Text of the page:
- A written notice if you have advised your bank that the borrower is experiencing financial difficulty which has resulted in a change to the loan
- A written notice if the borrower is in continuing default for more than two months after the issuance of the default notice referred to above.
If you default you may be required to sell assets or property to pay back the loan. If you are unable to cover the loan and the sale price does not pay back the full loan amount, the bank may be able to enforce the guarantee and recover the difference from the guarantor.
It’s a good idea that you and your guarantor seek separate legal advice upon receipt of any notice or formal demand for payment to a guarantor. Guarantors can also contact the bank if they are experiencing financial difficulty.
What if I need a lawyer?
If you have limited funds to pay for a lawyer, the Law Society in your state can give you the names of lawyers who might be able to help with your case. The lawyer will need to explain how much their services are likely to cost or they may take your case ‘pro bono’, where they are able to waive their fees.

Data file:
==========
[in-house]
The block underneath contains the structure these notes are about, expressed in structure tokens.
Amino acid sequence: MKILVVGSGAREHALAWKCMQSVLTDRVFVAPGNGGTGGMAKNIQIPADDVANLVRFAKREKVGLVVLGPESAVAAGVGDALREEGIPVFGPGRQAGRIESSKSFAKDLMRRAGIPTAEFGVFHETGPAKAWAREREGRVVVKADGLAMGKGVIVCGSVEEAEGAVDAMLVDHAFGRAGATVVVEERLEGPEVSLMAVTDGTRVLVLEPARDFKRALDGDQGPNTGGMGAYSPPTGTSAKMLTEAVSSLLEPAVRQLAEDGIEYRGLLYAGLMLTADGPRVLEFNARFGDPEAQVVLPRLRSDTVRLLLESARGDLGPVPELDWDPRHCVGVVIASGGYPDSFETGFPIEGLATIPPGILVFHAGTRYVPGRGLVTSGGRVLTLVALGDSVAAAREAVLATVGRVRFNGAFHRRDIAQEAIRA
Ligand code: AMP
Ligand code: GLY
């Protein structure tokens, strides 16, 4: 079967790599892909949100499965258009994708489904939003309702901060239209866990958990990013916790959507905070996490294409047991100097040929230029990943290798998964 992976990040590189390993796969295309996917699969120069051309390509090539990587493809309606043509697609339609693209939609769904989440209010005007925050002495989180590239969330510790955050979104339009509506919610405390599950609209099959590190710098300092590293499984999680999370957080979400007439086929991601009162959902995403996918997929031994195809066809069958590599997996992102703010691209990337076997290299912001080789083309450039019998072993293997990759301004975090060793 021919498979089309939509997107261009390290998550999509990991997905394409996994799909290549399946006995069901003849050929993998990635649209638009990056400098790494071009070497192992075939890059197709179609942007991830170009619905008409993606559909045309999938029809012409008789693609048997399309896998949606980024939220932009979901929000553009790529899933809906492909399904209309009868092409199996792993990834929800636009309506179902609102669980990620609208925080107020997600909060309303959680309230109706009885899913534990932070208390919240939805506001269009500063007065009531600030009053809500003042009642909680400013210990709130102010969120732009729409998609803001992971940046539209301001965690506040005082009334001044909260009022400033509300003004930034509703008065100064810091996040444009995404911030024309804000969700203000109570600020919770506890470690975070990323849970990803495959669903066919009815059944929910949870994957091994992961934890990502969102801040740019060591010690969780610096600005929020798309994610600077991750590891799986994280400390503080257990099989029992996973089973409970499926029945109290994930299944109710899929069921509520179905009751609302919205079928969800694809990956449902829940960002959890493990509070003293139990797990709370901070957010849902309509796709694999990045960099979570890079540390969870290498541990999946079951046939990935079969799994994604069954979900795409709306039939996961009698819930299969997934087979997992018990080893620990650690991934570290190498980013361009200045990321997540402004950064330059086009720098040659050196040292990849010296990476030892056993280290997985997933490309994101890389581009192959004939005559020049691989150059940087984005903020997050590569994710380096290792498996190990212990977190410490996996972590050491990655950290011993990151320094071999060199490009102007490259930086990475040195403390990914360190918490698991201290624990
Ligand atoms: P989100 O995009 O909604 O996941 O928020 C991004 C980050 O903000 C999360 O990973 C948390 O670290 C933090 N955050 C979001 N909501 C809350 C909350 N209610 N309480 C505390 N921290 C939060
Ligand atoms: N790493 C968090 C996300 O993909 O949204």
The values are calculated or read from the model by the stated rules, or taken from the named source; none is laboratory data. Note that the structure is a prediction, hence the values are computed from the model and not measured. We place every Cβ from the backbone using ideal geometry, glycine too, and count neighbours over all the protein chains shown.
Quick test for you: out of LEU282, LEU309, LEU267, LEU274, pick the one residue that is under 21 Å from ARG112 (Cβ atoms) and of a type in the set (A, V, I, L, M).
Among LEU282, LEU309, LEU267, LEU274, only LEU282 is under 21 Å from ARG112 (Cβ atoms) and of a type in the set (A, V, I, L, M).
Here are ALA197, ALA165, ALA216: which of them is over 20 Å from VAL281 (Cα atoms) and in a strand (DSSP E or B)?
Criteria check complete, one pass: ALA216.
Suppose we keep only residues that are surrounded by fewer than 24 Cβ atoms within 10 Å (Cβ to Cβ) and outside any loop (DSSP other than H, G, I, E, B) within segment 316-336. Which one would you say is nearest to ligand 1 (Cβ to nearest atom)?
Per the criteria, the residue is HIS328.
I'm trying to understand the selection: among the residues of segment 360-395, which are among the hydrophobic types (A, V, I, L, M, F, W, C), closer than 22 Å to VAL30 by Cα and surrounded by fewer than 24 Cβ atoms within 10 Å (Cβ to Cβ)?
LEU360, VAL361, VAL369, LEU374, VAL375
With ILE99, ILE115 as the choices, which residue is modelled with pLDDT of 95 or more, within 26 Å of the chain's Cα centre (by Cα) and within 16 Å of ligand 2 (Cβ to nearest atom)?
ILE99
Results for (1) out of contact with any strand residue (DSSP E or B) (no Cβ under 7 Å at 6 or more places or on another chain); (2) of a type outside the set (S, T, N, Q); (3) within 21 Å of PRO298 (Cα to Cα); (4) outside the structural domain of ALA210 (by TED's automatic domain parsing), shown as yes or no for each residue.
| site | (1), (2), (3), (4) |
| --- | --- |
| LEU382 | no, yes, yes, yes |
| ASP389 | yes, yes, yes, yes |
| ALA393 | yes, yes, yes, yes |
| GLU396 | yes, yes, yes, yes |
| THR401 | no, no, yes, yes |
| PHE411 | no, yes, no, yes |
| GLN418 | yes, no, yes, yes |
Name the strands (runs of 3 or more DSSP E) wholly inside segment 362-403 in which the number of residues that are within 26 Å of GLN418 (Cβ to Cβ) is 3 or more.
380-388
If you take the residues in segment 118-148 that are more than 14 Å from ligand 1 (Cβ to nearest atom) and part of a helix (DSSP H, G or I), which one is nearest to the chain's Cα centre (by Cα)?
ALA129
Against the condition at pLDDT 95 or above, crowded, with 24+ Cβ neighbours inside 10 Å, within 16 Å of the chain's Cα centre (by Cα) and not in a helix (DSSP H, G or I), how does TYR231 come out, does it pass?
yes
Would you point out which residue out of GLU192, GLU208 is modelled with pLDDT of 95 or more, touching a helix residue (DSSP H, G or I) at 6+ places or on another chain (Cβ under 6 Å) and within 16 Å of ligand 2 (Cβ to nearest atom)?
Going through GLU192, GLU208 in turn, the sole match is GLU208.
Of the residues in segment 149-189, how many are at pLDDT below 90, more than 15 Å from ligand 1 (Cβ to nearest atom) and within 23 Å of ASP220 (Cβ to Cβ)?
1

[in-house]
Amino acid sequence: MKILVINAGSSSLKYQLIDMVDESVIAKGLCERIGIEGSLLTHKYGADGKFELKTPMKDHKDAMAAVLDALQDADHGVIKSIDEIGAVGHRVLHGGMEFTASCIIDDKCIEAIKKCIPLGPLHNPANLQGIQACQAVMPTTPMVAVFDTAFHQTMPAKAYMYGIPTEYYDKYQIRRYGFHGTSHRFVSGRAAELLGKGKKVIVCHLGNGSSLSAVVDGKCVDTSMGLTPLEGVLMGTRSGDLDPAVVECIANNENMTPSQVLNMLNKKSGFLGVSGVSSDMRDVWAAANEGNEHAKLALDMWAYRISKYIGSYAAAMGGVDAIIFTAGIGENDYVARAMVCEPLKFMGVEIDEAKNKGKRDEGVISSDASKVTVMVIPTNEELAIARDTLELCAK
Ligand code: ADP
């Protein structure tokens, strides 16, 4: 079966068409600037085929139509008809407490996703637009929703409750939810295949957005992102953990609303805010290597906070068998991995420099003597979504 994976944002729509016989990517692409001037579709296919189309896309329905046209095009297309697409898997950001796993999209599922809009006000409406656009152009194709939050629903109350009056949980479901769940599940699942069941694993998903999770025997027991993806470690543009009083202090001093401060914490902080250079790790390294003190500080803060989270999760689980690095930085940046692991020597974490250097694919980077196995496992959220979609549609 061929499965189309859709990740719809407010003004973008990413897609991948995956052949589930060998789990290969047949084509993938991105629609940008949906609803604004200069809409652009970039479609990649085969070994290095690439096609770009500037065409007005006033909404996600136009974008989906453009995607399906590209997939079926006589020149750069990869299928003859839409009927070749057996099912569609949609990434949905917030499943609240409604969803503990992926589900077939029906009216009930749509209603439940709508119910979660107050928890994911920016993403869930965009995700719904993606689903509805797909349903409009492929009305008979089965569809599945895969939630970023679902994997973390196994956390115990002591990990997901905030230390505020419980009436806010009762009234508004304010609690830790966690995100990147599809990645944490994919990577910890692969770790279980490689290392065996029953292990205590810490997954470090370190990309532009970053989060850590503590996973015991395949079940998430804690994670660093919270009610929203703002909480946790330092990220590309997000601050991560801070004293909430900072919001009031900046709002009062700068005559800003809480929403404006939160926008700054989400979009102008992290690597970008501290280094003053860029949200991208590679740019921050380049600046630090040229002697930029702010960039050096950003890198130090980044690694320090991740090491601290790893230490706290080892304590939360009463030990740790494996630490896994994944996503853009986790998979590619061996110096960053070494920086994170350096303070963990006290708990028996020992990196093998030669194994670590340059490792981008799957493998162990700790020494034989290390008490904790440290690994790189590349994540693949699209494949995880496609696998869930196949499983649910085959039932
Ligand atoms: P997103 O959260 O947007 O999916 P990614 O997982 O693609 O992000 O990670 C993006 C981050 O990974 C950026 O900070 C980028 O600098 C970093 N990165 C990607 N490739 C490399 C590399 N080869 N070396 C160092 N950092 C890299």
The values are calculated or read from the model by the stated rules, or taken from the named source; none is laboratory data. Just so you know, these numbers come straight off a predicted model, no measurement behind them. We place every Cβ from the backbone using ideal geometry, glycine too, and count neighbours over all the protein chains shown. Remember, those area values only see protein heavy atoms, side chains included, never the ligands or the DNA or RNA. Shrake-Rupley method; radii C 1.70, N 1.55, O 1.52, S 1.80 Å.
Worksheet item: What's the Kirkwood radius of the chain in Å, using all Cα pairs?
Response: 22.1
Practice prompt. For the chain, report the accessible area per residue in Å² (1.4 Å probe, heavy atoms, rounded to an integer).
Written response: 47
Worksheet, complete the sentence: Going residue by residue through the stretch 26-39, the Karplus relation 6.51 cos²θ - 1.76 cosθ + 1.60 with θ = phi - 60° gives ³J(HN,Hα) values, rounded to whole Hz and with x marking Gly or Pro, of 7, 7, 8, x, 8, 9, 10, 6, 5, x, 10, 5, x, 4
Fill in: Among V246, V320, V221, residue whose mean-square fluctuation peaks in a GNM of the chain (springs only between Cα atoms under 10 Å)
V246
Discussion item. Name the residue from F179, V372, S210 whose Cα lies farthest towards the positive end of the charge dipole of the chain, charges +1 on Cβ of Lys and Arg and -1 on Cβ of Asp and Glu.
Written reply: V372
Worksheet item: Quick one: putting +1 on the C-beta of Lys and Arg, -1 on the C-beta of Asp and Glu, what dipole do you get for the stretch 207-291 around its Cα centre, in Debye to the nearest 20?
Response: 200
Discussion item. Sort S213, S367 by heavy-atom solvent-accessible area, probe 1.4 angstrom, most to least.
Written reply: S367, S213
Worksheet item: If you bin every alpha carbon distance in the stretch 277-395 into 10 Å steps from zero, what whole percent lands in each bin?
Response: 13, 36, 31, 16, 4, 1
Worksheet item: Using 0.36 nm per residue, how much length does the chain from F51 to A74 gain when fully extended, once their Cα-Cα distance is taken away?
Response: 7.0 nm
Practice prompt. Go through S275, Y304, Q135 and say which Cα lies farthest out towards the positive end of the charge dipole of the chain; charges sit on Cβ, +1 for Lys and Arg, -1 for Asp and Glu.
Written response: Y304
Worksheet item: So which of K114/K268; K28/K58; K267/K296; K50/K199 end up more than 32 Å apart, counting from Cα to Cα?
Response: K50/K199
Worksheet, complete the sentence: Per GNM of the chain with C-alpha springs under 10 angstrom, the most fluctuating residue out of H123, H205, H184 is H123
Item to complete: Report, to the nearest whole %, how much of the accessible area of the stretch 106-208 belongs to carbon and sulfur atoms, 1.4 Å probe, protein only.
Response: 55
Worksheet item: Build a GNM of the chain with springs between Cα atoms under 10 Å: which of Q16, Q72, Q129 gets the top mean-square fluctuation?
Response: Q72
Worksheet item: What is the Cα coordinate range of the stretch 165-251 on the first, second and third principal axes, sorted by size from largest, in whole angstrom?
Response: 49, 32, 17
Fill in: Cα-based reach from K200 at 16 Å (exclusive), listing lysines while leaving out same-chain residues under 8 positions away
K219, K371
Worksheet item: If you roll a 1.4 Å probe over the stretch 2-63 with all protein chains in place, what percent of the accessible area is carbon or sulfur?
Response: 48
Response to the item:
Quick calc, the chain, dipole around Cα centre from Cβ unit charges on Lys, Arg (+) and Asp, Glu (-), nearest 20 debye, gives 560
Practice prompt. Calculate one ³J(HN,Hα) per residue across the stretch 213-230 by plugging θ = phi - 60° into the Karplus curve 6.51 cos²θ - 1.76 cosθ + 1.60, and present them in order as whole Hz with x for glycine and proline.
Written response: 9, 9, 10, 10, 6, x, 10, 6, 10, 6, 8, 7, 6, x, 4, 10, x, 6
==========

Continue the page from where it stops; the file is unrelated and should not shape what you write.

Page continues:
Will this affect my credit rating?
If you’re in default your credit rating may be negatively affected. A poor credit rating can affect your ability to receive finance in the future. Your bank will tell you if they make a report about a default to a credit reporting body.
The Moneysmart website explains what you can fix and how to do it for free.
What if I’m not happy with my bank’s response?
If you’re not happy with your bank’s response, you can make a complaint. You can find more information here.
In many cases, the complaint will be resolved internally between you and your bank with no further action required.
However, if your bank still doesn’t resolve the complaint to your satisfaction, you can take your complaint to the Australian Financial Complaints Authority (AFCA).
AFCA is an independent complaints scheme that is free for small business customers. It provides an accessible way of resolving disputes, without having to go to court. The decision of the AFCA is binding on the bank. AFCA can only consider a complaint about a small business credit facility is under $5 million.
You should only go to the AFCA after you have tried to resolve things with your bank, as AFCA will not deal with your complaint unless you have first given the bank the chance to help you.